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Food memories are powerful

Sr. Maisie Ng

Sisters of St. Francis of the Neumann Communities

I had not experienced homesickness until I became a candidate in my congregation. My best friends in Toronto would cook a lot of food, freeze it and deliver it to me at the convent in Pittsburgh. I would take out some food from the freezer or I could buy Chinese ingredients easily in Pittsburgh area whenever I felt homesick. This feeling of homesickness occurred most frequently around times of Chinese Festivals. Our house celebrated the Chinese New Year with great flair, but some of the smaller celebrations were not as well-known and went unnoticed.

As a Novice, I began living in another area. It is not as easy to buy authentic Asian ingredients there. I thought about how I could make food that reminded me of home when I experienced missing it during some of the Chinese celebration times. I finally came up with ginger scallion sauce. These ingredients can be purchased in any supermarket!

Ginger scallion sauce is the classic condiment to serve with Chinese poached chicken, it also goes amazingly well on top of other meats, tofu, vegetable stir-fries, rice or noodle. This sauce reminds me of my childhood, when my family ate dinner at a round table of 12to 16 people. Steamed chicken was the must have dish for any Chinese festival, and so too the ginger scallion sauce.

I made myself some ginger scallion sauce and canned it in jars when I started my novitiate program in Chicago. I shared some with my fellow novices at the ICCN, and surprisingly they all loved it! The sauce contained very simple ingredients, but it takes time to prepare in large quantities as we all consumed it really quickly. At one point, I made it three times in one week! I made 2 jars each time which takes between an hour or two to make.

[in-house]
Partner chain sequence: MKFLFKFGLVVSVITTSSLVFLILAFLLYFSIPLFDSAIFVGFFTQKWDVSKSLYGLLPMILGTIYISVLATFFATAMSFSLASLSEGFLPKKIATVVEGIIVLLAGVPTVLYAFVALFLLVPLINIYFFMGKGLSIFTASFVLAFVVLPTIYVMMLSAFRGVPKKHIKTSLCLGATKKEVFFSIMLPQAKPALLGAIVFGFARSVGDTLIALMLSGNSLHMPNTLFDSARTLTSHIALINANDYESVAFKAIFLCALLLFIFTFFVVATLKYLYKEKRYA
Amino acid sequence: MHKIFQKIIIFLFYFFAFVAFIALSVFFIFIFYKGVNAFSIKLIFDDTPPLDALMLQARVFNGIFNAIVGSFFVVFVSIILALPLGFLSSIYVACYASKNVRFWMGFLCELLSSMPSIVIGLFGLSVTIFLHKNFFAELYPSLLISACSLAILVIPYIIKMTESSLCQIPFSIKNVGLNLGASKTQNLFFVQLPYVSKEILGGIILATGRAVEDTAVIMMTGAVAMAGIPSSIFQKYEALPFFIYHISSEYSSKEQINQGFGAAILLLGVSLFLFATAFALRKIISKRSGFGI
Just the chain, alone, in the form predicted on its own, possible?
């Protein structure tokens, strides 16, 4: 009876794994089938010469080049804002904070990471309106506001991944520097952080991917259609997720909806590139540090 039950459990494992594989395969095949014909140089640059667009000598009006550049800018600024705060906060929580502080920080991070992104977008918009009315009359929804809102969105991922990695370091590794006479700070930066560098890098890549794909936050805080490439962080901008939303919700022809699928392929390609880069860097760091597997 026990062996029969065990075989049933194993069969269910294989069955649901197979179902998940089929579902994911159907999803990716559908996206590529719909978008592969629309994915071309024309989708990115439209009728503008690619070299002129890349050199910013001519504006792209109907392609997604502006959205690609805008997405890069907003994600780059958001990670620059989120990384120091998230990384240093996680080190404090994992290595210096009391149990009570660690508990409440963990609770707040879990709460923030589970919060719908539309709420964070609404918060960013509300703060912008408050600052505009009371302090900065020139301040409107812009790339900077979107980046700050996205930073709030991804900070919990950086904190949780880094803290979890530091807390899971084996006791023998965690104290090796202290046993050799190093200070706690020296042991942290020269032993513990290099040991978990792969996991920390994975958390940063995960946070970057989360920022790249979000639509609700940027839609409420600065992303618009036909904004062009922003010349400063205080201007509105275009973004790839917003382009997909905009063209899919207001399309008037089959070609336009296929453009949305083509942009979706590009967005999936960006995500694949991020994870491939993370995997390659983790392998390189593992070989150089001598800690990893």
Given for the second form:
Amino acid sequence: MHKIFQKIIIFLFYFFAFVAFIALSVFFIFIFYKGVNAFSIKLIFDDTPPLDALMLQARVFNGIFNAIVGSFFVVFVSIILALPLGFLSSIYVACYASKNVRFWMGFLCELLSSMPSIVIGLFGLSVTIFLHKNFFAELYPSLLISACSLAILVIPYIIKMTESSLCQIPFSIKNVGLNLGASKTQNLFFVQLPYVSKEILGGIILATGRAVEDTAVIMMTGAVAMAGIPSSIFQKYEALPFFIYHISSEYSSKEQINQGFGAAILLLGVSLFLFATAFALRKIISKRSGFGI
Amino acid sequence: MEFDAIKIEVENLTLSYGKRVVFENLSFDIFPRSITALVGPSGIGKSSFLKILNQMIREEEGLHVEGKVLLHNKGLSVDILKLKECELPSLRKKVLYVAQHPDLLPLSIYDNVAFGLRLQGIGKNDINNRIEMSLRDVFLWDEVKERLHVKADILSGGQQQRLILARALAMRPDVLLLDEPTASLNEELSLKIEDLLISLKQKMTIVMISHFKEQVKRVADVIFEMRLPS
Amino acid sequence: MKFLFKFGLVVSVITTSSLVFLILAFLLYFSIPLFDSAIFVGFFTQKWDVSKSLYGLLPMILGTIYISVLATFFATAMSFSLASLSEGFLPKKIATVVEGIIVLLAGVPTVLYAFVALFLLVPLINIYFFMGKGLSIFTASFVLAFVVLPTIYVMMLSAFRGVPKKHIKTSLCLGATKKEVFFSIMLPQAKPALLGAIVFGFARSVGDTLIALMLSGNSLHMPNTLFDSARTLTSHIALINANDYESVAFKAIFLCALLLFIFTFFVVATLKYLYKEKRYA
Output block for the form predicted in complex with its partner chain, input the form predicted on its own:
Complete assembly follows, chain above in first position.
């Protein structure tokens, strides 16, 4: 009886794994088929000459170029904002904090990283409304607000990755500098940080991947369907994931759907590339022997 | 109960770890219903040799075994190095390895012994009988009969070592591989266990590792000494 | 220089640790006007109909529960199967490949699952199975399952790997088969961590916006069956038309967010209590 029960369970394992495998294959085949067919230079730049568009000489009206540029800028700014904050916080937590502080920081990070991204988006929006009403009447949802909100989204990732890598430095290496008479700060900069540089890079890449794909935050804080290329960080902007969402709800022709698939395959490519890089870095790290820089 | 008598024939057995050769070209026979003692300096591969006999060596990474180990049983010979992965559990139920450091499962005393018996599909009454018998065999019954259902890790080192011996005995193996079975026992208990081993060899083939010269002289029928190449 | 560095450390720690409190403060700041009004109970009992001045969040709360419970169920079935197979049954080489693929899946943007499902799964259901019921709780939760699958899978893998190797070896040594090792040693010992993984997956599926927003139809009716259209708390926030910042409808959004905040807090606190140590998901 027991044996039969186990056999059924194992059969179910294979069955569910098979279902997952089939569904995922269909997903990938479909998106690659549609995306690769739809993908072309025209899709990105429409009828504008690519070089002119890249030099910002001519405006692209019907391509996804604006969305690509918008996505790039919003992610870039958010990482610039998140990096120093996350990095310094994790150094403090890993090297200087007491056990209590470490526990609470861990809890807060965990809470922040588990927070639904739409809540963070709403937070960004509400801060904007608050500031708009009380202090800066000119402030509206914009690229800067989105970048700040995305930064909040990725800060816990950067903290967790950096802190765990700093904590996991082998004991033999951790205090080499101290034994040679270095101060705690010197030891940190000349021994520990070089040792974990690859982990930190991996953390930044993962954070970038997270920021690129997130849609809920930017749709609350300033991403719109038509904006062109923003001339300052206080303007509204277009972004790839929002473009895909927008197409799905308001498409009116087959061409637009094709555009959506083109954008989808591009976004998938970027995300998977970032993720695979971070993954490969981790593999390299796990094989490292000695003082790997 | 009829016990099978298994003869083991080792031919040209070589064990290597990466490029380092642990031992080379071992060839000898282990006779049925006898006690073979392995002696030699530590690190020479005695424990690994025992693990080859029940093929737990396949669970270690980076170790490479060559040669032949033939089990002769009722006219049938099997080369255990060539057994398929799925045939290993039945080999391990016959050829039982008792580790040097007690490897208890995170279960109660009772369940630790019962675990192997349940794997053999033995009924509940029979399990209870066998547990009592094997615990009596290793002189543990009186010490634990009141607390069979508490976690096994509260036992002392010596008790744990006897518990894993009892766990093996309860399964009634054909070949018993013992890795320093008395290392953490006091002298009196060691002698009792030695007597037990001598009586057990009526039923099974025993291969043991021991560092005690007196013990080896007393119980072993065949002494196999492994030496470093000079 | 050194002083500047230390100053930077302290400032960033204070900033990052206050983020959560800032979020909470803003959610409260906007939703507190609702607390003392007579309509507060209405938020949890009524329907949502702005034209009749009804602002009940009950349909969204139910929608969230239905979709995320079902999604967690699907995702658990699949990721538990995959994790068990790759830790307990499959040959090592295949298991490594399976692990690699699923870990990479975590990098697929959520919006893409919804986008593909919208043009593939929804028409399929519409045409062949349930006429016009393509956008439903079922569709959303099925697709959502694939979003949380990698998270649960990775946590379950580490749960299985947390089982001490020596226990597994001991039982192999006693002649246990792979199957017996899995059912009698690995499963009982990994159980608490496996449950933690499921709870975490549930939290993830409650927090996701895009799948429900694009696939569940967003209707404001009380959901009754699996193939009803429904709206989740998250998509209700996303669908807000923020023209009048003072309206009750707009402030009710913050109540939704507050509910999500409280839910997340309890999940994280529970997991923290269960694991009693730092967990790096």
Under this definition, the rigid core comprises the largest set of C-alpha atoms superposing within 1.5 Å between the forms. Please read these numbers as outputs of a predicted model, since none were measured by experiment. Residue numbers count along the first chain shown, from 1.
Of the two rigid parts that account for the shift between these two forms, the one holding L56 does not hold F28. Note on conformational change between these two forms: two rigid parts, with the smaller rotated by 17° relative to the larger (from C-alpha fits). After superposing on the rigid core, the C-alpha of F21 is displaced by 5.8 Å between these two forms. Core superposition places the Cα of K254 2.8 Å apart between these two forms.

One time I felt like I would not make it anymore as it took too much time and effort, but then I remembered how my grandma used to prepare food for the whole family, and she was always happy to see how we enjoyed the food. Like my grandma cooking for the family, I am so happy to see my ICCN sisters really enjoy this sauce. It makes me happy to continue to make it for them.

As I was reflecting on how making ginger scallion sauce eased my feelings of being homesick from my Chinese community and family, I am sure now, as we near the end of this novitiate program and enter into another transition, that making this sauce will once again help me cope with feeling homesick – this time from my ICCN family.

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